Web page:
When I first became interested in cocktails some fifteen years ago, I scored an original edition of Charles H. Baker’s seminal guide to cocktails, The Gentleman’s Companion: Being an Exotic Cookery and Drinking Book. One of the first drinks from the book that I fell in love with was the Hotel Nacional Special. At one time the house Daiquiri at the Hotel Nacional in Havana, Cuba, the bar tweaked the original version by sweetening it with pineapple juice and apricot brandy. Properly made, it is sublime.

And for years I thought I made the drink properly. I took pride in my Hotel Nacional. I introduced it to a new generation of drinkers, placed it on cocktails menus, and touted my version of Baker’s recipe on my blog. But then I met Erik Adkins, bar manager at The Slanted Door in San Francisco. He and I shared a love of Baker’s drinks, and talked at great length about the Hotel Nacional.

Now, when bartenders get together, we typically talk shit. We make fun of each other, pick on one another’s shortcomings, and generally belittle each other to no end. I’ve told you this before. It’s all in good fun, and in our hearts, we have a great deal of admiration and respect for each other. But I really didn’t want to like Erik’s version of the drink, because—as you might imagine—I was convinced that my Hotel Nacional reigned supreme.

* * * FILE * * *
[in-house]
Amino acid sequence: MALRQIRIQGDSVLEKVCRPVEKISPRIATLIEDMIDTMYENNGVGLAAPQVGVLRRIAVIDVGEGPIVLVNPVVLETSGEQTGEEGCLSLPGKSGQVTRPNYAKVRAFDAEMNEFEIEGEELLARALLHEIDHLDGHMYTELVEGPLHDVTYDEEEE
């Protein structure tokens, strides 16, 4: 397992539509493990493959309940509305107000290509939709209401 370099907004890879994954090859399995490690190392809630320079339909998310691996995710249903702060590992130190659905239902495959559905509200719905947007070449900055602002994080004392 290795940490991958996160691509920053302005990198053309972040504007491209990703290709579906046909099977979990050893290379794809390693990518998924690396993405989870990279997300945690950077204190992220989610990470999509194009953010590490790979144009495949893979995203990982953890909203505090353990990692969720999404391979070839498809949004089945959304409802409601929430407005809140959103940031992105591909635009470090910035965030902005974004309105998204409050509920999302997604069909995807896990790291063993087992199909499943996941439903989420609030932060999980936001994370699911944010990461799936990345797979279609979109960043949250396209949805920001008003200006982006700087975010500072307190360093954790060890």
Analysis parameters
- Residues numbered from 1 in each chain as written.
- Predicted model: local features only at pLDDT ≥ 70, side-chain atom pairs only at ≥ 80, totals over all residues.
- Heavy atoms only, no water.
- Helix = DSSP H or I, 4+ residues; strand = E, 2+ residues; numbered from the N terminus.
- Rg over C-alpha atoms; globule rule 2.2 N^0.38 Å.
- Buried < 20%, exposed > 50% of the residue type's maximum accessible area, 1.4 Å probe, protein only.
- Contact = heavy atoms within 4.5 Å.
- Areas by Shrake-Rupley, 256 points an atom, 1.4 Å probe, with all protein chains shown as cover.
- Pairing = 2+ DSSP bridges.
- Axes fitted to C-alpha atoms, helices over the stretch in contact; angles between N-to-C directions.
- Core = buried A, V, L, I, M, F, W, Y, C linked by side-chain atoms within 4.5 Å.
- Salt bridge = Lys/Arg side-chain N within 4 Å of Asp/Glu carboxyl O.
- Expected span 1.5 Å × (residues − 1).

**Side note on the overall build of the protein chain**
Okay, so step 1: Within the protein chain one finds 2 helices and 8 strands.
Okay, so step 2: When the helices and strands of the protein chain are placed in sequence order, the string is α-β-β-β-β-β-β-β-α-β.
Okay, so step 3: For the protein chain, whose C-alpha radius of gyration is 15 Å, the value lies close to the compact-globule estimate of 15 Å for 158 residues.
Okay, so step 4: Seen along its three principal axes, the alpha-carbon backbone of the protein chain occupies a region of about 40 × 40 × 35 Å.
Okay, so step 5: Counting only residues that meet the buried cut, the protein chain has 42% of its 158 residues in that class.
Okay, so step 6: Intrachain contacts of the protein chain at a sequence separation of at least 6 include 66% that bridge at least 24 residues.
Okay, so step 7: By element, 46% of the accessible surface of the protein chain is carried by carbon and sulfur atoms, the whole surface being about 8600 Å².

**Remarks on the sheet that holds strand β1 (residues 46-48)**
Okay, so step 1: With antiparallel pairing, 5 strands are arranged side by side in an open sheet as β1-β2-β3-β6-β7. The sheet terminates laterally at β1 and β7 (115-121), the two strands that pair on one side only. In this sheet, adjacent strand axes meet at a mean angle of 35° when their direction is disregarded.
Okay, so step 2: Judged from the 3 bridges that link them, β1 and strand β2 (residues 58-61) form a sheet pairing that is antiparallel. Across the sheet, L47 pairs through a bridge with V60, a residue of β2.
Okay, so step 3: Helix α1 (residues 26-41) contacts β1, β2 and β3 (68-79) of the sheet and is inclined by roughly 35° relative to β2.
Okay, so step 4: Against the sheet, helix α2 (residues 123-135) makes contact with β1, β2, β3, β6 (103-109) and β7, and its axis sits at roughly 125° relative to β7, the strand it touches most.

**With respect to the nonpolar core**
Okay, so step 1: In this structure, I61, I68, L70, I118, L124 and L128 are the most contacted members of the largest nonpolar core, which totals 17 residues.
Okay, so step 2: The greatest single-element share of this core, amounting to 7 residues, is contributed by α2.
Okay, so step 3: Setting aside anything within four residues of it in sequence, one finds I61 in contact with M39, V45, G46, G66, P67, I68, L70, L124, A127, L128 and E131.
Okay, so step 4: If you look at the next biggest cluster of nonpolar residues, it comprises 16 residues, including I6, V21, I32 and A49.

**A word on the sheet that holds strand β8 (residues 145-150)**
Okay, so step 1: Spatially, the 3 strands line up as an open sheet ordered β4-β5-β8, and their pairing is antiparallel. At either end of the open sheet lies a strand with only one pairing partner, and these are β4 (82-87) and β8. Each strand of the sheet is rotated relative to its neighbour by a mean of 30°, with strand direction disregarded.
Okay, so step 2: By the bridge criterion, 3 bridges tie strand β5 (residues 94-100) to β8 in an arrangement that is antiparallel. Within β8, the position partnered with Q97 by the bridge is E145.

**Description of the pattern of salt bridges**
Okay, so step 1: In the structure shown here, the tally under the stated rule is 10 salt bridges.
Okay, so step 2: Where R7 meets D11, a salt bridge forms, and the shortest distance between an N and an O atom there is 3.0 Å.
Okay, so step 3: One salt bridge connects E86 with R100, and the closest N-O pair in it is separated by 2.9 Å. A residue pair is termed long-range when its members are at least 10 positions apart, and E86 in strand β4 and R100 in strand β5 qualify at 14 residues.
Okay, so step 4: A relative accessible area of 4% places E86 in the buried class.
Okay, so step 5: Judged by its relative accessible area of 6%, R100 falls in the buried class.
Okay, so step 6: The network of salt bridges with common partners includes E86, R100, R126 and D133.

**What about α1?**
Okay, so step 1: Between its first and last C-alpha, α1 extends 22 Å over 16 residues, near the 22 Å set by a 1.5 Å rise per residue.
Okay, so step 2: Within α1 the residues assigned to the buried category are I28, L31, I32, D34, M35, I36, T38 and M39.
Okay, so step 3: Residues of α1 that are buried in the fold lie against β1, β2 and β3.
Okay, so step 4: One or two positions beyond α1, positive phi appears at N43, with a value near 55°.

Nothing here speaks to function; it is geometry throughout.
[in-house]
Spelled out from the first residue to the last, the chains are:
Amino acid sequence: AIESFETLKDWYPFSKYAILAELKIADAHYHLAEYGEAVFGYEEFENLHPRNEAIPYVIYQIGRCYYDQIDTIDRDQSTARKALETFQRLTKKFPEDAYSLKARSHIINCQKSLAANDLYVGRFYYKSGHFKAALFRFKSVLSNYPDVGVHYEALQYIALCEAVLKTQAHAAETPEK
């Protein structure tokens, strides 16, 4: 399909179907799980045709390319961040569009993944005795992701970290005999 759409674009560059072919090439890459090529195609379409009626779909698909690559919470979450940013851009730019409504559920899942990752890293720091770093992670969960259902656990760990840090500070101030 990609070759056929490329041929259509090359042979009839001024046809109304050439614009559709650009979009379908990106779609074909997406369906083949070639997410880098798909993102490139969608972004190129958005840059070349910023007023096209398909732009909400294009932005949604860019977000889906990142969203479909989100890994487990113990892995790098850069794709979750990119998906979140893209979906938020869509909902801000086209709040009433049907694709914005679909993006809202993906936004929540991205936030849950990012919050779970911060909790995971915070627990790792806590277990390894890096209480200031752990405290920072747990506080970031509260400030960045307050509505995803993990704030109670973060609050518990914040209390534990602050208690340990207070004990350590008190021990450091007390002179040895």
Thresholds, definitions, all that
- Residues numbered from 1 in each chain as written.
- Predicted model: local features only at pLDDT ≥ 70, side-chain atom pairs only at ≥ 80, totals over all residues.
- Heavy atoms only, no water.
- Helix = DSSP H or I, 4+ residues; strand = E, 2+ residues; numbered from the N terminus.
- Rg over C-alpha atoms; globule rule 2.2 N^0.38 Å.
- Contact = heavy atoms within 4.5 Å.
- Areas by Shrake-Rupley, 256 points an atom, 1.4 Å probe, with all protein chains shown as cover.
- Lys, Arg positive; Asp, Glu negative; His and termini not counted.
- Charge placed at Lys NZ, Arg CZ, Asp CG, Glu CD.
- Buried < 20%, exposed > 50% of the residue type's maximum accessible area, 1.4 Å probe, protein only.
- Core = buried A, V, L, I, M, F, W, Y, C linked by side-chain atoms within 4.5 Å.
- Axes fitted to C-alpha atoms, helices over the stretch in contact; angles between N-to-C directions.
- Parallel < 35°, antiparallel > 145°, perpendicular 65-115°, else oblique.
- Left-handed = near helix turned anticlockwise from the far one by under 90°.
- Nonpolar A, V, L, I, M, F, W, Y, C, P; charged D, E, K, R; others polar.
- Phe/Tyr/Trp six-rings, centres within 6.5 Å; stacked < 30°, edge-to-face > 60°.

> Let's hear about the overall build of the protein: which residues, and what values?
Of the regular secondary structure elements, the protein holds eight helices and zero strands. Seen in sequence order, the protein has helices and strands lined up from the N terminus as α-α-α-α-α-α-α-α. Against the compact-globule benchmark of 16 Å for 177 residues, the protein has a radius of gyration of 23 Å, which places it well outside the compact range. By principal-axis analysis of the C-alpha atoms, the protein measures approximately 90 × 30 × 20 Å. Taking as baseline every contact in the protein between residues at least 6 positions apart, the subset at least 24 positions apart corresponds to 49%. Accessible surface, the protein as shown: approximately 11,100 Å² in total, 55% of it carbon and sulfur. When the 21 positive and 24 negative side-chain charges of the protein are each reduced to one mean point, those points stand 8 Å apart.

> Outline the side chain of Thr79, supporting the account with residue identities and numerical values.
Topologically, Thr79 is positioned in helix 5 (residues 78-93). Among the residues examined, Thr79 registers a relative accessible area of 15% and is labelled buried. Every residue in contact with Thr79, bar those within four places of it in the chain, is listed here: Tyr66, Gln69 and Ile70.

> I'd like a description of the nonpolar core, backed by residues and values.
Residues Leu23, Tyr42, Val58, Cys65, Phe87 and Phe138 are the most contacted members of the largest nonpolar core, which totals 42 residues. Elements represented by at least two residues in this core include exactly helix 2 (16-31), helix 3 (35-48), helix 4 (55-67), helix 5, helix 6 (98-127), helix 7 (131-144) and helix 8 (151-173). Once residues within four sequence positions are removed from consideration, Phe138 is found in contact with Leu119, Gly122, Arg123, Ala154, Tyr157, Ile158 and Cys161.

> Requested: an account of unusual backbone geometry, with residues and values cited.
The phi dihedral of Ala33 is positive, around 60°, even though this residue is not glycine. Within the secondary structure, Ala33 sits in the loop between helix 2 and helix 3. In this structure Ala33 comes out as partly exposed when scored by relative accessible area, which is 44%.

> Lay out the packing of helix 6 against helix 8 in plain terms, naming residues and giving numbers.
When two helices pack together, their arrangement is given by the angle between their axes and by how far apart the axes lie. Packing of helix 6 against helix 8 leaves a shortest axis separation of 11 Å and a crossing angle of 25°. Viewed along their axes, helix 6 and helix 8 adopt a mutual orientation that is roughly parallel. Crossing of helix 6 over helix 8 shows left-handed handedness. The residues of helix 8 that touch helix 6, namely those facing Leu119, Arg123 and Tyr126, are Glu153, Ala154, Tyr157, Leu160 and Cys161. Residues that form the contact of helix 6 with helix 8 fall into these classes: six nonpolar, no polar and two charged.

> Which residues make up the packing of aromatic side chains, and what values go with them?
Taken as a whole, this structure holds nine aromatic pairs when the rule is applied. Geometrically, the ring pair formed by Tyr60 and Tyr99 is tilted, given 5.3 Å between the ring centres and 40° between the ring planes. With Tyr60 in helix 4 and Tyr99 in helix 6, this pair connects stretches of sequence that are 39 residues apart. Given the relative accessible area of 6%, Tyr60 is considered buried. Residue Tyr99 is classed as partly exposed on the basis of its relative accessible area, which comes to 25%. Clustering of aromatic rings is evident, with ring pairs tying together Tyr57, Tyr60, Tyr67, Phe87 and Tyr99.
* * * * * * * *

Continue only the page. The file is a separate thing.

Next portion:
And then I tried Erik’s version. Soul searching ensued. His drink was far superior to mine. His decision to use a classic pineapple syrup in place of pineapple juice as a sweetener, with the addition of a small dash of spicy Angostura bitters to highlight the tropical ingredients with its cinnamon profile was, I had to admit, brilliant. Thankfully, he gave me that recipe so I could share it with you.

And so now I’ve adopted Erik’s version. And as much as I’d like to heckle my friend, he one-upped me. So I present his brilliant version of Baker’s classic recipe. Try it this spring and transport yourself to classic Havana.


• 1 ½ oz. aged rum
• ¾ oz. fresh lime juice
• ¾ oz. pineapple syrup*
• ½ oz. apricot brandy
• 1 dash Angostura bitters

Combine the rum, lime juice, pineapple syrup, apricot brandy, and bitters in a cocktail shaker or mixing glass. Fill with ice cubes and shake. Strain into a chilled cocktail glass. Garnish with a lime wheel.

Trim a one pound pineapple of its peel and cut crosswise into 3⁄4-inch slices, and then cut each slice into six wedges. Combine the pineapple 12 oz. of 1:1 simple syrup in a large bowl and leave to macerate for 24 hours, in the refrigerator, stirring the mixture from time to time. Strain the syrup into a clean bowl through a fine mesh strainer and press on the pineapple with a ladle to extract as much liquid as possible. Let cool, bottle, and refrigerate for up to 1 week.


Jeffrey Morgenthaler is the bar manager at Pépé le Moko and Clyde Common, the acclaimed gastropub at the Ace Hotel in Portland, Oregon. He is also author of The Bar Book: Elements of Cocktail Technique.